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Why Creative People Sometimes Make No Sense

Why Creative People Sometimes Make No Sense
Photo by Sophia. I’ve been having an insightful shuffle through Mihaly Csikszentmihalyi’s book Creativity: The Work and Lives of 91 Eminent People. Mihaly is a seminal professor of Psychology and Management, and is the Founding Co-Director of the Quality of Life Research Center at Claremont. He writes: “I have devoted 30 years of research to how creative people live and work, to make more understandable the mysterious process by which they come up with new ideas and new things. If I had to express in one word what makes their personalities different from others, it’s complexity. Nine out of the ten people in me strongly agree with that statement. Mihaly describes 9 contradictory traits that are frequently present in creative people: Most creative people have a great deal of physical energy, but are often quiet and at rest. Most creative people tend to be smart and naive at the same time. Most creative people tend to be both introverted and extroverted. Back to Posts

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15-best-brainstorming-and-mind-mapping-tech-tools-for-every-creative-mind In order to be able to see a relationship between various ideas and information, we use mind mapping. This includes gathering thoughts, coming up with new ideas, project planning, and more to solve problems or have novel ideas. Today I compiled thea list of 15 mind-mapping tech tools that will help every creative mind be even more creative. If you like one particular tool I check out sites like Techradar, PCmag, Techriggs and CNET that have many insightful user reviews to get more information. 1. XMind

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Seven design thinking principles for rethinking social sector needs assessment - Tandemic By Kal Joffres The needs assessment is one of the most critical tools to design interventions in the social sector but it is long due for an overhaul. When it comes to understanding the technology needs of social organisations, we’ve been asking the wrong questions for too long. Many assessments still focus on questions such as; the percentage of NGOs that use cloud services or customer relationship management tools. In truth, these kinds of questions tell us very little about how well organisations are using technology.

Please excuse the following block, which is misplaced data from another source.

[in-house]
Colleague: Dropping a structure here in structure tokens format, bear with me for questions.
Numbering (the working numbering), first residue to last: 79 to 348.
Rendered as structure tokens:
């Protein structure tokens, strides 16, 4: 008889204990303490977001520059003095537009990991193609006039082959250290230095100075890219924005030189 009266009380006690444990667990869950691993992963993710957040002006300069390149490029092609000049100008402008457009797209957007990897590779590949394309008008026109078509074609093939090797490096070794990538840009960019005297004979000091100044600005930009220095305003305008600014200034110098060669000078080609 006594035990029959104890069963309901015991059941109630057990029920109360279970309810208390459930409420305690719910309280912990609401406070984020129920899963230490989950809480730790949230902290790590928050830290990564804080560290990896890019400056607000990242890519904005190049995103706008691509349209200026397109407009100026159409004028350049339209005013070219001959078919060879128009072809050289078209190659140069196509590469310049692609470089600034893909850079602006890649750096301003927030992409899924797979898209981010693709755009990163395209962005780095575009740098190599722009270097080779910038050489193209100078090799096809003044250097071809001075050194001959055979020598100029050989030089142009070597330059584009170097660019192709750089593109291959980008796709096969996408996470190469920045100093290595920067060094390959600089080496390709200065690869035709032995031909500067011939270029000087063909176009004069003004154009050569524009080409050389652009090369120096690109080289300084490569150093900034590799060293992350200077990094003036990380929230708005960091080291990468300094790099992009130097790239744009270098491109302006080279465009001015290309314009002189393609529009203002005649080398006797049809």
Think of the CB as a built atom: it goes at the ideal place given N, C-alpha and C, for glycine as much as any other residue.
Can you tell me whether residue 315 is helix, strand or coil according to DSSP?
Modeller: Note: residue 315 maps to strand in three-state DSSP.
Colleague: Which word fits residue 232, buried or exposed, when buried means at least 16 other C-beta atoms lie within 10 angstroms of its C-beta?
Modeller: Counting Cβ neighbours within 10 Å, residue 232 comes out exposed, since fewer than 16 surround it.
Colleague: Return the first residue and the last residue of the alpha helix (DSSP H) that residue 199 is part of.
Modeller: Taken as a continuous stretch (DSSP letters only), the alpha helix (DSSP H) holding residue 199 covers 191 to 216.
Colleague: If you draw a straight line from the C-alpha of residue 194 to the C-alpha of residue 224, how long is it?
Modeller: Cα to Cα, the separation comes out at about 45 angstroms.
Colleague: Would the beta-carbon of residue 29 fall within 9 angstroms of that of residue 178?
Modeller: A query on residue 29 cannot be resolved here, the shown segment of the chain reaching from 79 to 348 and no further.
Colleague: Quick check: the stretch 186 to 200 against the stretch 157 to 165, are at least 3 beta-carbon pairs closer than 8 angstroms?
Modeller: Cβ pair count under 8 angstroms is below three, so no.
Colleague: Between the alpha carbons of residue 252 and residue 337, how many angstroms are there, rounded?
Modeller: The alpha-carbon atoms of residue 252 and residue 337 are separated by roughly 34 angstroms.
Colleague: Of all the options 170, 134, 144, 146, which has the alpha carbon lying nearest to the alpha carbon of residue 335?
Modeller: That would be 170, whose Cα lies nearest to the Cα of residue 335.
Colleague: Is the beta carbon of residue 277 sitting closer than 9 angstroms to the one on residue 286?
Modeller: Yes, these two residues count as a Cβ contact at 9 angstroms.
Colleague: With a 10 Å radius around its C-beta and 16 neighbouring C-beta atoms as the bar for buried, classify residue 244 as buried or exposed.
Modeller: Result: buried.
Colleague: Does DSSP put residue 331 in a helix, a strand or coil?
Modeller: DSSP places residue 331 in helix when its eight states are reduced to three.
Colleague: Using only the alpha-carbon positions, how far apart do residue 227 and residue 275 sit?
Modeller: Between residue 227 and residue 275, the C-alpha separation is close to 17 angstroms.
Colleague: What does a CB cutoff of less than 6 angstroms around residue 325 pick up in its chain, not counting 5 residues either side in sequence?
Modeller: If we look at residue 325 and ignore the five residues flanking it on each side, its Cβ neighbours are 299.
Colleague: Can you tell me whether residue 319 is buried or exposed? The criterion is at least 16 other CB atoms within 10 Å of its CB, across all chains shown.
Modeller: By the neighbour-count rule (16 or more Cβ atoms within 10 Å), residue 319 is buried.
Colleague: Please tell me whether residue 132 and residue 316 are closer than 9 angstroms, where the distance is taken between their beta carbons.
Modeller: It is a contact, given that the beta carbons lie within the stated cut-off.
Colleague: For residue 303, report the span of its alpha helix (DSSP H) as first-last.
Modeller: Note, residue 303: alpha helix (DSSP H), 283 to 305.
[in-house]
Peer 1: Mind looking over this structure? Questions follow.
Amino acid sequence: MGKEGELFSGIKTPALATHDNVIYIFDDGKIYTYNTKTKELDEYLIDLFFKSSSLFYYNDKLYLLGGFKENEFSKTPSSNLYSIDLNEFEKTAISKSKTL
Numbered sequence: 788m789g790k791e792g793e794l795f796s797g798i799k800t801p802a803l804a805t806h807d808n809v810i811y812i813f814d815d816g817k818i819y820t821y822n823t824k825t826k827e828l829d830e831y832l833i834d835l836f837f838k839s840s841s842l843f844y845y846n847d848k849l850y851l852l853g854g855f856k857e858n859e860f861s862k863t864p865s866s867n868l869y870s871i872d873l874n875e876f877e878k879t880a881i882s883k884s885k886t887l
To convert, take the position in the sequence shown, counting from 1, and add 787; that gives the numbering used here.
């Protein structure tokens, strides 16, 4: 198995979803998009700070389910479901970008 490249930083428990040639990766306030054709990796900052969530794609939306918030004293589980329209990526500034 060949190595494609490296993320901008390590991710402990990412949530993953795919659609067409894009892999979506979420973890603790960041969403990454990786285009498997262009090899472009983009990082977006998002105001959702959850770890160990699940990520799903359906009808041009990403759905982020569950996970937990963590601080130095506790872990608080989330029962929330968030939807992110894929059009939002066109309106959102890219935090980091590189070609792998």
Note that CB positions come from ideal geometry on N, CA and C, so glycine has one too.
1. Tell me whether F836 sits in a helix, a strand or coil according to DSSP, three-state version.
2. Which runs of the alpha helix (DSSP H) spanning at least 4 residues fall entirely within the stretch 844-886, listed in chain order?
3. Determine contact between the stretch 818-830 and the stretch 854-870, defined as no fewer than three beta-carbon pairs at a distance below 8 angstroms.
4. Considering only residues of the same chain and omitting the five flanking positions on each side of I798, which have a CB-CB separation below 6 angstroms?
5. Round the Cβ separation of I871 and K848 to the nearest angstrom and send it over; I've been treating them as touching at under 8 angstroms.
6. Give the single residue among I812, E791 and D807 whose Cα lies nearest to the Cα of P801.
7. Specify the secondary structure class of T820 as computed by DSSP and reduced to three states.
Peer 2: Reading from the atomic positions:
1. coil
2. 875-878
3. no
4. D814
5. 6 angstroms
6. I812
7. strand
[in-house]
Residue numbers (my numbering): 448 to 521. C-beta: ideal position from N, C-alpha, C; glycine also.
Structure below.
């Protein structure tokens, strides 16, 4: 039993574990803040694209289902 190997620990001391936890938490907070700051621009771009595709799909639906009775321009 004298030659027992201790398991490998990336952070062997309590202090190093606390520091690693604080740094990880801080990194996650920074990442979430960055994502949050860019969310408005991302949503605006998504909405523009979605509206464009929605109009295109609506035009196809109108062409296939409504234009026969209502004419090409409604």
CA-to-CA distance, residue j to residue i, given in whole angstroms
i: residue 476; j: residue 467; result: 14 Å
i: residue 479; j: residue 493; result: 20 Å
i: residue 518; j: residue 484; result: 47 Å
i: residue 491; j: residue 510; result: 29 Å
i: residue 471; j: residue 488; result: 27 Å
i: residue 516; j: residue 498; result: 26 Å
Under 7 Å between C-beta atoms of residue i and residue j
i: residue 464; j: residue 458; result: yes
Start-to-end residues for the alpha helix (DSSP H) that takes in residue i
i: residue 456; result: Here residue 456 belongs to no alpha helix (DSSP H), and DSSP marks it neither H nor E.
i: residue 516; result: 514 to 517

The policy world and academia offer widely different opportunities for early career researchers. The research career offers a variety of opportunities across sectors. Rachel Glennerster weighs up the differences between the policy world and academia for early career researchers looking at their options. Whilst both may be intellectually challenging environments, the reward structures, collaborative potential and research scope are substantially different and personal preferences of these variations may play a big role in deciding which one would be preferable. As someone who worked as a policy economist for many years (at the UK Treasury and the IMF) before going into research, I am often asked for advice from those trying to decide whether to go into a career in policy or academia. With job market candidates making those decisions now, I decided to summarize my advice in writing. Credit: IMF (public domain)

4 Things We Have Wrong About Creativity “Creativity” may not be the first word that comes to mind when you hear the word “conglomerate.” But Christian Stadil, CEO and co-owner of Denmark-based Thornico, a sprawling enterprise with holdings in food, technology, shipping, and others, will likely change your mind about that. Stadil is so enthusiastic about the concept of creativity that he has co-authored a new book with psychology professor Lenne Tanggaard, who teaches at the University of Aalborg in Denmark. In the Shower with Picasso, out in May, looks at creativity in business, the arts, and other areas and explores how we can all become more creative. In doing so, Stadil says the duo discovered that some of the very fundamental beliefs we have about creativity are wrong.

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10 facts about infidelity, as divulged by Helen Fisher While talking about her research on love at TED2006, Helen Fisher mentioned the issue of infidelity. Here, she dives into the topic of cheating in much more detail. Photo: Robert Leslie Love isn’t so much an emotion, says Helen Fisher in her TED Talk. No, love is a brain system — one of three that that’s related to mating and reproduction. #5 The Four Most Powerful Types of Creative Thinking Considering I’m a creative coach, some people are surprised to learn I’m a little sceptical about creative thinking techniques. For one thing, there’s a lot more to creativity than thinking. It’s possible to sit around having lots of creative thoughts, but without actually making anything of them.

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